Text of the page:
Only months after officially announcing its decision to partner with Chinese tech giant Huawei in building 5G telecom technology for the United Kingdom, the administration of Prime Minister Boris Johnson now appears to be reconsidering the move. Facing growing political opposition at home, including from his own Conservative Party, Johnson in late May revealed that he had tasked his government with creating a roadmap to eliminate Huawei's footprint in British 5G telecom infrastructure by 2023.
The decision by Downing Street is part of a broader political shift now underway in the U.K. Parliament has just announced the formation of a China Research Group, led by Select Committee on Foreign Policy Chair Tom Tugendhat, to examine the potential dangers of economic and political coupling with the People's Republic of China (PRC). Additionally, there is now a growing chorus of political voices agitating for a reversal of the Huawei decision. The Foreign Affairs Committee of the British House of Commons has gone so far as to send a formal letter to Foreign Secretary Domenic Raab that publicly questions the Johnson administration's strategy vis-à-vis China.
The reasons have everything to do with the coronavirus. China's duplicitous handling of the pandemic has roiled opinion in the U.K. and left trust between the two nations at an all-time low. When asked in a recent multi-country poll carried out by McLaughlin and Associates whether they would trust China to protect their personal privacy on the internet, 76 percent of British respondents answered "no."
Nor is Britain the only country rethinking its ties to the PRC. A number of European nations, for example, are revisiting the prudence of close political proximity to China and its corporate appendages. In a recent interview with The American Interest, Reihard Bütikofer, former chair of Germany's Green Party and a current European Union parliamentarian, defined the Continent's conundrum this way: "We're still willing to partner with China where possible, but it would be folly to assume that you can be systemic rivals on Monday and then go back to partnering for the rest of the week as if you were not."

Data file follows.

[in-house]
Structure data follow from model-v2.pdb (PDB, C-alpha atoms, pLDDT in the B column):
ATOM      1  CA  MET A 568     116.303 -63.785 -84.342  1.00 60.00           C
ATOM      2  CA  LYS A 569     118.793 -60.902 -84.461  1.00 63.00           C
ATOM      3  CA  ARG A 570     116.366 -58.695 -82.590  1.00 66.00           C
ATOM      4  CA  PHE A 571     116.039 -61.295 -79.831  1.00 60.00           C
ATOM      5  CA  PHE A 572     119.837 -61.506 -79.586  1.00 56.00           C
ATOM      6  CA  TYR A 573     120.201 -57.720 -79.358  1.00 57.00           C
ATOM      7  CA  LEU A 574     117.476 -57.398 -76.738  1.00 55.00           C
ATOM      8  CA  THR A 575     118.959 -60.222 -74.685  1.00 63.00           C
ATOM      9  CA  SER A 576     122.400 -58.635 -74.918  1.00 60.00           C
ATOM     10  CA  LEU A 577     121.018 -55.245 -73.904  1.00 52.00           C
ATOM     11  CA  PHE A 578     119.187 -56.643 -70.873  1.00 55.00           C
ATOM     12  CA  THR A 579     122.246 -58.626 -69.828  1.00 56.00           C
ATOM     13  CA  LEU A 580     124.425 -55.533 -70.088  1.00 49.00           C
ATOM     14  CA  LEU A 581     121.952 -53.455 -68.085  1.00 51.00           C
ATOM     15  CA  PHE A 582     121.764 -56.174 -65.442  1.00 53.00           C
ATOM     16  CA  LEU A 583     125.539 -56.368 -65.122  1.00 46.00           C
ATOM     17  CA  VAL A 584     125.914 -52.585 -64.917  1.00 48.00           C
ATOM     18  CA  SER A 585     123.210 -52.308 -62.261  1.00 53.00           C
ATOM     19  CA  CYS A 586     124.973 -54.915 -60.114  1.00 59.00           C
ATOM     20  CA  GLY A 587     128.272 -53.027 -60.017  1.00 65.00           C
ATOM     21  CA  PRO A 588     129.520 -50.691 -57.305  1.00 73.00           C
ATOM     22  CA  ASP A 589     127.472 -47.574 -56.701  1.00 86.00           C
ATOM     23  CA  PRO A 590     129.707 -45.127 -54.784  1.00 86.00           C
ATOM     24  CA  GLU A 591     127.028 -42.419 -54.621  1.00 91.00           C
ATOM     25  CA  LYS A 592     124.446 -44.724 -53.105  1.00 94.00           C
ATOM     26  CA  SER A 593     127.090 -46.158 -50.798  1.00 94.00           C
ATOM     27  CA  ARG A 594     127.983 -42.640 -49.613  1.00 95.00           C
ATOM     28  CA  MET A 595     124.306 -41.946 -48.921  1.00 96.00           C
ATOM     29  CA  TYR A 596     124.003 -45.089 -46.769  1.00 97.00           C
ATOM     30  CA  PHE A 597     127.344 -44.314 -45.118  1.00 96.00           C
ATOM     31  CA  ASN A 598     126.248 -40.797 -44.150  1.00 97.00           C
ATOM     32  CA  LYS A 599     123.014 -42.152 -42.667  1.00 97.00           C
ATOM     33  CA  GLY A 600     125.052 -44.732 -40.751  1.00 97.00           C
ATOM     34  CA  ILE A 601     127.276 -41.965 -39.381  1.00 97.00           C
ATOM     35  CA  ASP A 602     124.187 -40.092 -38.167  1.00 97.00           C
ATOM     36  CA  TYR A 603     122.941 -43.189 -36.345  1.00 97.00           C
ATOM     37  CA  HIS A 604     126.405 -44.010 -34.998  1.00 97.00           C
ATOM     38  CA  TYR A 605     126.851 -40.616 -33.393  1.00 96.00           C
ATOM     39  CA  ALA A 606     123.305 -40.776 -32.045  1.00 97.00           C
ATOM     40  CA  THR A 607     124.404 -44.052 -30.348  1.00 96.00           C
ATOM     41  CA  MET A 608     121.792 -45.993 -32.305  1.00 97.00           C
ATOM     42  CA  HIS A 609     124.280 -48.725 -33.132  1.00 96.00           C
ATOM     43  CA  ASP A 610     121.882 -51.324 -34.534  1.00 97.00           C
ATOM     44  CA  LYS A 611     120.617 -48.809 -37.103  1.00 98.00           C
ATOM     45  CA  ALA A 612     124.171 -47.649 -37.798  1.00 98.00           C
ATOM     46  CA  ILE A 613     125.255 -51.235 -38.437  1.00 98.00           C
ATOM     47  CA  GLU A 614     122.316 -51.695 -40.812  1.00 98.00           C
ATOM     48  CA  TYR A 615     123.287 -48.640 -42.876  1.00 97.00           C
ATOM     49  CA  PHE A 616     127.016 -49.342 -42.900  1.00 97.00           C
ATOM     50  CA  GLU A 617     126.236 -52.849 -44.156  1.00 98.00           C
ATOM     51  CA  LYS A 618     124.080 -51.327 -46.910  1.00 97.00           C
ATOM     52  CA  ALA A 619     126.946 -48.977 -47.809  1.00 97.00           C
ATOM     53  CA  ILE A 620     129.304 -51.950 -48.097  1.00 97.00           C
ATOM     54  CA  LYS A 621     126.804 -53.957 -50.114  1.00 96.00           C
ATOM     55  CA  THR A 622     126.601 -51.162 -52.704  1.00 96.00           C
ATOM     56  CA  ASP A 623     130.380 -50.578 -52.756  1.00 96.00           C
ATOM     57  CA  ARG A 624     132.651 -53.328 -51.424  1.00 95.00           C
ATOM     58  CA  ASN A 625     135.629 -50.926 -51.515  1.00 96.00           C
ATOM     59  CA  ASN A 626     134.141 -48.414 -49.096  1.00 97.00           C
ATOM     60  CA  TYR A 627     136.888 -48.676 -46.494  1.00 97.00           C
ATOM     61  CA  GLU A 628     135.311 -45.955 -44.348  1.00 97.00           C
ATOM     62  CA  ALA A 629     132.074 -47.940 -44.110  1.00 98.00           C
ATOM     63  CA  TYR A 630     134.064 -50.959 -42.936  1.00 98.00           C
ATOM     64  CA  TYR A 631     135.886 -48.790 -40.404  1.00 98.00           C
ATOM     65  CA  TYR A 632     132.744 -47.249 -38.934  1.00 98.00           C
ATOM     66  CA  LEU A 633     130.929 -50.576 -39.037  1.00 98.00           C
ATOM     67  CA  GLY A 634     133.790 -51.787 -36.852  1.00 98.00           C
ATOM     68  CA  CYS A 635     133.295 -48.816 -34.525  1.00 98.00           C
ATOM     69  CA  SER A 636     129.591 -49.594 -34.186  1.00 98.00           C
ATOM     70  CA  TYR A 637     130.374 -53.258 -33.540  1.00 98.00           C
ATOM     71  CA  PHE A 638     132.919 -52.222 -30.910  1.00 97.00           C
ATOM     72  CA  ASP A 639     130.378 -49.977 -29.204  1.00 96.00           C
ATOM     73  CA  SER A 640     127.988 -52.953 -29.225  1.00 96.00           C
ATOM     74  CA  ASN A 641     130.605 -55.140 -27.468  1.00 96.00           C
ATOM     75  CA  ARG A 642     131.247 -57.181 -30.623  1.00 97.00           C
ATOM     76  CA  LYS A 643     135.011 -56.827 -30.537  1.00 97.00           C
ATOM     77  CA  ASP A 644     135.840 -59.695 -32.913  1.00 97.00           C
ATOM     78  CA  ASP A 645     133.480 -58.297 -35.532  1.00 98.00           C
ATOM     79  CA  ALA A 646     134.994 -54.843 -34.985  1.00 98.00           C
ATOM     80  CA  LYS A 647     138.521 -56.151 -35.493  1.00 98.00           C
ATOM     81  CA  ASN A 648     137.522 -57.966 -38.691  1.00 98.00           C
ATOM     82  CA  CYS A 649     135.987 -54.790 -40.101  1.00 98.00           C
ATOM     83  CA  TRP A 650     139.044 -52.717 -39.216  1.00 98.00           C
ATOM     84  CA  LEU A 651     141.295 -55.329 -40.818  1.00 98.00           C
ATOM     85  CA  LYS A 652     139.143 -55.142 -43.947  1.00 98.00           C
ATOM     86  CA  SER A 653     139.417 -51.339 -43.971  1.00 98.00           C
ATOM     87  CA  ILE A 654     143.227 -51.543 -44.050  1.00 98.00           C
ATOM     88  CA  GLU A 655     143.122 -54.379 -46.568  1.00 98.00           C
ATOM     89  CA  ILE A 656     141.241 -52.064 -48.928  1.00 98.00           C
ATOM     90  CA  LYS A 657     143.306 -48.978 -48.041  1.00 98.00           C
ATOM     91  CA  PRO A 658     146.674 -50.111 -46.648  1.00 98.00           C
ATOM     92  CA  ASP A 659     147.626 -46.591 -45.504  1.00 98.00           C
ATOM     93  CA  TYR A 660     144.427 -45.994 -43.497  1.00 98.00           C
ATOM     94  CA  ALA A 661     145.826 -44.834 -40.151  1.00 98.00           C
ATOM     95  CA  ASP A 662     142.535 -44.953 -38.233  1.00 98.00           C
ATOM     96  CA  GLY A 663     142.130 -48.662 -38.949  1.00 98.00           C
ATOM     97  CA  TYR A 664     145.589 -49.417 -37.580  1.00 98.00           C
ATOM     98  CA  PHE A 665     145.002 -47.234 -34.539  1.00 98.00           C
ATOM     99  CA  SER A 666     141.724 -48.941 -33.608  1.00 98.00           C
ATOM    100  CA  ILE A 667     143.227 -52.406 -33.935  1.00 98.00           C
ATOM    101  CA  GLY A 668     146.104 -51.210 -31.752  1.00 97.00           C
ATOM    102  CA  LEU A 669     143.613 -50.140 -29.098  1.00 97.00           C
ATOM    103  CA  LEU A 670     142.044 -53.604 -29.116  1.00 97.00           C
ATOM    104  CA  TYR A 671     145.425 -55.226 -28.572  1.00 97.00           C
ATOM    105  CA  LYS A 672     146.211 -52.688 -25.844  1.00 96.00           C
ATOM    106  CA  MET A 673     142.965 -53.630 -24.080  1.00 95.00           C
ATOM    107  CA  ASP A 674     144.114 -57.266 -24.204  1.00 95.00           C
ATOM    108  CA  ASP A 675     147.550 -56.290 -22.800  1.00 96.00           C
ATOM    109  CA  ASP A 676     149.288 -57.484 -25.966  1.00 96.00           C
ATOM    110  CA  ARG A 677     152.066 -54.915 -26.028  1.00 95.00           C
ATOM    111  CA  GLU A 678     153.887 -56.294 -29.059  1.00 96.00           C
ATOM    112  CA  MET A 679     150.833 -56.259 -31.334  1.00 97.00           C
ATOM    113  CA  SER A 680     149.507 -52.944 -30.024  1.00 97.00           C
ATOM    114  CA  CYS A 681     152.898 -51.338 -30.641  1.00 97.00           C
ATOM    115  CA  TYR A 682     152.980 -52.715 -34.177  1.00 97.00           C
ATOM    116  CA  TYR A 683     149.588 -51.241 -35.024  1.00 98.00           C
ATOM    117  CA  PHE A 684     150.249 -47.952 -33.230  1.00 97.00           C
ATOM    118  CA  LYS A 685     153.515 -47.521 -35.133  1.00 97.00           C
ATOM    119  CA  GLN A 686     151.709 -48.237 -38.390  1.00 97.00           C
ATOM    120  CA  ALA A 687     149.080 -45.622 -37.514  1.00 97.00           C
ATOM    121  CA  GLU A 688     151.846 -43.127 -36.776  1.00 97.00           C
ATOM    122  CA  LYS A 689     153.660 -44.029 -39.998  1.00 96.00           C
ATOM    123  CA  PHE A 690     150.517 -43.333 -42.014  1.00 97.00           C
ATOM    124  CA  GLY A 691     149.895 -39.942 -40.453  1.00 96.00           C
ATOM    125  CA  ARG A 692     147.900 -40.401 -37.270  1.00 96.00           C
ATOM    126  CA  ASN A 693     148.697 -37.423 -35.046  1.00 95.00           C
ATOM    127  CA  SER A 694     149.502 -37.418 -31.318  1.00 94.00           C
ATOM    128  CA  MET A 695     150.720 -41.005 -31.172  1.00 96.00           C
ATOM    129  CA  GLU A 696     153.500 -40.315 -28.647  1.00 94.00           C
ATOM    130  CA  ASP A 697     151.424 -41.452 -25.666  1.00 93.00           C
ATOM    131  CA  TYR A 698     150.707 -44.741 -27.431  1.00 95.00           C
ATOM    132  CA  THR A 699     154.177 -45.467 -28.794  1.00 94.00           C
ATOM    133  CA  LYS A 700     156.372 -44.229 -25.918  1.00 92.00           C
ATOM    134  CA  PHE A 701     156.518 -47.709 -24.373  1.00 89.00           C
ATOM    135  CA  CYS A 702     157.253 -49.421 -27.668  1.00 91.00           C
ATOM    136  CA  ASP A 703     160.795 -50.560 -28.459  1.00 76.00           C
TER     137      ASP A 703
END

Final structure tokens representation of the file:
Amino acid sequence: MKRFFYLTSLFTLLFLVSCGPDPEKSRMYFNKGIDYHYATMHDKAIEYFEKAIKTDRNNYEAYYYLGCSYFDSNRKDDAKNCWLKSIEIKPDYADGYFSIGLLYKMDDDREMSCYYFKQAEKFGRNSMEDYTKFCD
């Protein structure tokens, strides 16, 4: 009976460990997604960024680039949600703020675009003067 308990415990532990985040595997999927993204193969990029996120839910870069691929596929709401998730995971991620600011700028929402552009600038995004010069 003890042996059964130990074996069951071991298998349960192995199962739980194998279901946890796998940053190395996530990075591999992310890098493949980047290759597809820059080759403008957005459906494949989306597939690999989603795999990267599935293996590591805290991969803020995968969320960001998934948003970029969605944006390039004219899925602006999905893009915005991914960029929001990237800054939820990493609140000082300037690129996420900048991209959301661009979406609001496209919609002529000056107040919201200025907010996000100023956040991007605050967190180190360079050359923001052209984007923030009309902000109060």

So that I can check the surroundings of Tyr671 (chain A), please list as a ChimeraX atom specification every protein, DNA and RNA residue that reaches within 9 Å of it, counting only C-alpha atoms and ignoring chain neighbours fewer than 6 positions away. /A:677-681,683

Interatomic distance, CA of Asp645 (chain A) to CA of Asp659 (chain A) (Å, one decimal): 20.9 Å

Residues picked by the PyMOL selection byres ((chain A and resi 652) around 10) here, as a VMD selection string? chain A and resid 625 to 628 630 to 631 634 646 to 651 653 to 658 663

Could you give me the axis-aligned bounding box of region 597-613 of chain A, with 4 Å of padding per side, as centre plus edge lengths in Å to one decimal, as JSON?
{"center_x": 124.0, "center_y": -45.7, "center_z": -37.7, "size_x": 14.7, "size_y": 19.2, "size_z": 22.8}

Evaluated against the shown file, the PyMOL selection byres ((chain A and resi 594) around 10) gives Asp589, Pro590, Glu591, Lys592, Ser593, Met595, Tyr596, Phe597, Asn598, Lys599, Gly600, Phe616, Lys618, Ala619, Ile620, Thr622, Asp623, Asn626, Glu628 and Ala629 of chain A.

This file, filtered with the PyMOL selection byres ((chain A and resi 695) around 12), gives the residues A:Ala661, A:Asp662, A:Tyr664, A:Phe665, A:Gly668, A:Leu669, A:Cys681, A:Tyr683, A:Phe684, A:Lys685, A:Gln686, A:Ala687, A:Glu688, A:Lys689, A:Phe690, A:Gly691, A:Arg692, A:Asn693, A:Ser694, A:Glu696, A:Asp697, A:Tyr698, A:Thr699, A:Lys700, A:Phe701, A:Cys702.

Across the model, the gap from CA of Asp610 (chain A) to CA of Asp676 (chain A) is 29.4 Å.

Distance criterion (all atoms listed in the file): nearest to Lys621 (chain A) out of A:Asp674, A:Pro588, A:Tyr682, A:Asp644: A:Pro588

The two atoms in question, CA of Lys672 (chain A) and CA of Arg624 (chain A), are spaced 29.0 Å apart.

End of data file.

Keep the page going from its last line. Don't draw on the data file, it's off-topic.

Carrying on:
Britain, however, is a special case. The U.K.'s impending exit from the European Union, which is now unfolding, has forced London into the delicate position of forming bilateral trade relations. This, in turn, has elevated the importance of Britain's ties to China—and to the United States. The Trump administration, for its part, has used this leverage to warn London against putting its trust in Huawei, and urged British politicians to seek alternatives to partnering with China on 5G.
The rationale behind America's objections is compelling. As a recent study by the American Foreign Policy Council amply underscores, global security would inevitably be compromised by such a partnership because it would provide the Chinese government with a window into how Western governments and their militaries operate.
But despite these warnings, Johnson's administration decided to press on with Huawei (although it tried to mitigate the damage somewhat by capping Huawei's access to 35 percent of the emerging telecom network). That, however, was before the outbreak of the coronavirus, which has fundamentally called into question China's trustworthiness and transparency among many foreign publics, the British people included.
Johnson's response has been to call for a plan to reduce Huawei's role in British networks by 2023. That approach reflects a stark reality; simply put, the U.K. does not have viable alternatives to the Chinese tech giant, in terms of cost efficiency and effectiveness. Indeed, companies like Nokia and Ericsson currently supply 5G technologies in Europe, but these options are arguably not as advanced as Huawei.
Yet one could still emerge—and sooner rather than later. The British government recently announced the formation of the D10, a club of democracies aimed at finding an alternative to Huawei. The group would include G7 countries, along with Australia, India and South Korea. Washington has reportedly already been briefed on the initiative.
It's an idea worth nurturing. Under the auspices of such a group, democratic nations could pool resources to channel investment into technology companies based in member states and set common standards for information security and assurance that would benefit all involved. Perhaps most importantly, they could demonstrate conclusively (the way countries like India have done) that there is an alternative to simply acquiescing to Chinese technological superiority.
Beijing, for its part, is worried about precisely that sort of an about-face. China's official China Daily, a mouthpiece for the country's ruling Communist Party, has warned ominously that the U.K. "will meet retaliatory responses" if Huawei is, in fact, banned. But this bluster masks a growing Chinese concern about changing global public opinion—and the consequences that might result from it.
If London's latest decision is any indication, Beijing has good reason to be concerned.